Small Business Bankruptcy has become a much discussed topic recently at my office. COVID-19 causes many small businesses to lose revenues and accumulate debts. Filing for small business bankruptcy may be an option you should consider.

Small Business is a Sole Proprietorship

If your small business is a sole proprietorship, you have the option to file for Chapter 7, Chapter 13 or Chapter 11 bankruptcy.

Filing Chapter 7 Bankruptcy for Sole Proprietorship Business

Chapter 7 Bankruptcy is liquidation and involves no payment plan. Therefore, you should take significant care and consideration when choosing Chapter 7 Bankruptcy. For example, if you personally or your sole proprietorship have significant assets that is beyond the protection of the California exemptions law, you risk losing the nonexempt assets. The Chapter 7 Bankruptcy Trustee will confiscate and liquidate nonexempt assets. This becomes a problem if you want to keep those assets. Moreover, your business run the risk that the Chapter 7 Bankruptcy Trustee will take over the operation of your business. This becomes a problem if you want to keep your business and you want to be the sole decision-maker.

Filing Chapter 13 Bankruptcy for Sole Proprietorship Business

Chapter 13 Bankruptcy is a safer choice for those with nonexempt assets or simply do not qualify for Chapter 7 Bankruptcy. You may not qualify for Chapter 7 Bankruptcy due to high income or other factors like a recently discharged bankruptcy case. Chapter 13 Bankruptcy involves a payment plan, so you can keep your nonexempt assets so long as you pay for it in the Chapter 13 plan. Unlike a Chapter 7 Bankruptcy, Chapter 13 Bankruptcy Trustee will not take over the operation of your business.

Chapter 13 Bankruptcy to Catch up on Payments and Keep Car, Business Equipment and Home

Other reasons why you might want to file a Chapter 13 Bankruptcy is you want to put your debts in a payment plan. You can put delinquent car and mortgage payments in the Chapter 13 payment plan. This allows you to try to get caught up. At the same time, you can keep your car, business equipment, and home so long as you make your payments. This is reorganization. Your creditors must accept the Chapter 13 Bankruptcy Plan payment whether they like it or not. The maximum plan term is 60 months.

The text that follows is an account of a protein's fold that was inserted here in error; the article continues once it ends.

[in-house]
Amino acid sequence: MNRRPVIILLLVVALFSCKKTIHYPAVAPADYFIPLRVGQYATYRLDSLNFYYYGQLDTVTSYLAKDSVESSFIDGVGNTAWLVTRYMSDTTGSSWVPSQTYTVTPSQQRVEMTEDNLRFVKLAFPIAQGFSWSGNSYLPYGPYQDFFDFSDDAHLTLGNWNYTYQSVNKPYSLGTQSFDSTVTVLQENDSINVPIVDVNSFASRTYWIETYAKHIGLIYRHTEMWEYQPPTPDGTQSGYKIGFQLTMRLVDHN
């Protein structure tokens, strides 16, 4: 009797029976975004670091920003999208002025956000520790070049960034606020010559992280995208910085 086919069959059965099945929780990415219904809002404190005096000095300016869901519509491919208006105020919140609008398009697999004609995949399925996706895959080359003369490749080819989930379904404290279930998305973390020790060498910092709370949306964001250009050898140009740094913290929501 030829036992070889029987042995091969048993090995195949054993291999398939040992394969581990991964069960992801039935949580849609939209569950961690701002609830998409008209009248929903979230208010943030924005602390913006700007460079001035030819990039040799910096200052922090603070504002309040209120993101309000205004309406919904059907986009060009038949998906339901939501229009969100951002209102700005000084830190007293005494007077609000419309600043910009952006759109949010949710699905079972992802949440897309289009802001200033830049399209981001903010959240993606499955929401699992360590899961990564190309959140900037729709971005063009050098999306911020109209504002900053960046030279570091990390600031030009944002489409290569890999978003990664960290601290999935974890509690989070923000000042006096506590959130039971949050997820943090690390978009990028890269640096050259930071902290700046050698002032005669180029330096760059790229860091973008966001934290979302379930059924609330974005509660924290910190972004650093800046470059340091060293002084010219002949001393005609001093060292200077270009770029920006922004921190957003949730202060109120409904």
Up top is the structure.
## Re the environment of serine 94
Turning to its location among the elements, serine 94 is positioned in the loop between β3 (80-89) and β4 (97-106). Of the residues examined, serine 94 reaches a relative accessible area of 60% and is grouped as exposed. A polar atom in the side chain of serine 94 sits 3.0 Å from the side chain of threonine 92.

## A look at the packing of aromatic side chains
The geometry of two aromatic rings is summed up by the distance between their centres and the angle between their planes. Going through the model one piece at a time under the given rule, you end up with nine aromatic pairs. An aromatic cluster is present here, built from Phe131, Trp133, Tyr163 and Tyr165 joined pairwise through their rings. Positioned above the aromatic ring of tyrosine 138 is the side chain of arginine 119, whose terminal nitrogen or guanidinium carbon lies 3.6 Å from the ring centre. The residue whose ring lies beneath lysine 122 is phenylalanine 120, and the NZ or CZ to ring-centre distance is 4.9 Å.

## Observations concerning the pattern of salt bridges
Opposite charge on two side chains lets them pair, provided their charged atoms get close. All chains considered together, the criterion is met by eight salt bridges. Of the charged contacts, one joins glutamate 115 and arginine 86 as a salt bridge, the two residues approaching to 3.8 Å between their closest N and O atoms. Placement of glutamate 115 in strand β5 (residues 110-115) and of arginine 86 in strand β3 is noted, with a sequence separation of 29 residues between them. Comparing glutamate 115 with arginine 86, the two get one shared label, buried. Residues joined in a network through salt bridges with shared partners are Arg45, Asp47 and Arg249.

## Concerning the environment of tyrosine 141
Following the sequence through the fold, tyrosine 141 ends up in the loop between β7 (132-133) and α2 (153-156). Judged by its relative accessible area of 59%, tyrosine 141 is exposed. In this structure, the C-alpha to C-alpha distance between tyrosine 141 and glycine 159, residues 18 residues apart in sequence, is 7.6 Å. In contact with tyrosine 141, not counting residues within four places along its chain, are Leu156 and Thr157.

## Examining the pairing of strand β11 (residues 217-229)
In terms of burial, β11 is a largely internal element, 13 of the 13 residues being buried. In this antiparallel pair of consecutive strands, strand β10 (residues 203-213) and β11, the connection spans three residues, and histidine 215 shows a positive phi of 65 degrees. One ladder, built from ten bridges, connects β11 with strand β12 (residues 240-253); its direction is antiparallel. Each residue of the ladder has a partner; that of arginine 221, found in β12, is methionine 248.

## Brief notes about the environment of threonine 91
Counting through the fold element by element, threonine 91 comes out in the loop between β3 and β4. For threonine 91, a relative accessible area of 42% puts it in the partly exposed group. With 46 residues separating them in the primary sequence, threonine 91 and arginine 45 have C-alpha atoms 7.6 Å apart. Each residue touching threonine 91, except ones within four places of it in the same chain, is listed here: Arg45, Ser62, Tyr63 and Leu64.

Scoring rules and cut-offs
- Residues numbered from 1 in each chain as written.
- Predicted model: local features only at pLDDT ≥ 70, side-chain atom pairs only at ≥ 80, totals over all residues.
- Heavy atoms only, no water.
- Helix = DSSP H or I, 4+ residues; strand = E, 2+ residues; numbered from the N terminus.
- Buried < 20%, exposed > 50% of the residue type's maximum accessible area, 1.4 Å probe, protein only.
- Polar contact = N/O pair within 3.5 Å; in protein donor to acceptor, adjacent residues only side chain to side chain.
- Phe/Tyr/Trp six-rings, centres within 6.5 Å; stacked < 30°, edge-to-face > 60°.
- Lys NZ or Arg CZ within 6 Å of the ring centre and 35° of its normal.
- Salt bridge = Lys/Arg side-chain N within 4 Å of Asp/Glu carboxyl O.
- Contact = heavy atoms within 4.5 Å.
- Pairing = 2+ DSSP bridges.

Chapter 13 Bankruptcy to Repay Priority Tax Debt

You can put priority tax debt in the payment plan. This may be a better option if you have significant tax debts from tax collectors like Internal Revenue Service, Franchise Tax Board or California State Board of Equalization (aka California Department of Tax and Fee Administration).

Filing Chapter 11 Bankruptcy for Sole Proprietorship Business

Another option if Chapter 13 Bankruptcy and Chapter 7 Bankruptcy is not a viable option is Chapter 11 Bankruptcy. Like Chapter 13 Bankruptcy, Chapter 11 Bankruptcy is also a reorganization plan that involves a repayment plan. Unlike a Chapter 13 Bankruptcy, Chapter 11 Bankruptcy tends to be more expensive and complicated. As a result, a Chapter 13 Bankruptcy is preferred over a Chapter 11 Bankruptcy in most cases if you qualify.

Small Business is a Corporation or LLC

If your small business is a corporation or Limited Liability Company (LLC), your bankruptcy option is Chapter 7 or Chapter 11 Bankruptcy. Chapter 13 Bankruptcy is not available to business entities. Therefore, it is only available to consumers and sole proprietorship.

Furthermore, even if your corporation or LLC filed for bankruptcy, you may still be personally liable for the business debt. As a result, if you are personally liable, you will also have to file for bankruptcy.

Call experienced Sacramento CA Bankruptcy Attorney for options

For more information, call Muoi Chea who is experienced Bankruptcy Attorney in Sacramento, California. For over a decade, I have a long successful track record of representing consumers and small business owners in Bankruptcy Court. I accept Chapter 7 and Chapter 13 Bankruptcy cases in all of Sacramento County, Elk Grove, Citrus Heights, Folsom, El Dorado, Roseville, Rocklin, Stockton, Tracy, Lodi, Galt, Modesto, Woodland, West Sacramento, Davis, Vacaville, Fairfield, Vallejo, Benecia, Yuba, Sutter, CA and other nearby cities in Northern and Central California. Call for details.

Bankruptcy Law Offices phone numbers:

Sacramento Bankruptcy Attorney in Sacramento California phone number (Main Office): (916) 441-4205

Fairfield Bankruptcy Attorney in Fairfield California phone number: (707) 394-4195

Stockton Bankruptcy Attorney in Stockton California phone number: (209) 751-7448

It is best to call the main Office in Sacramento, CA to schedule an appointment with Bankruptcy Attorney.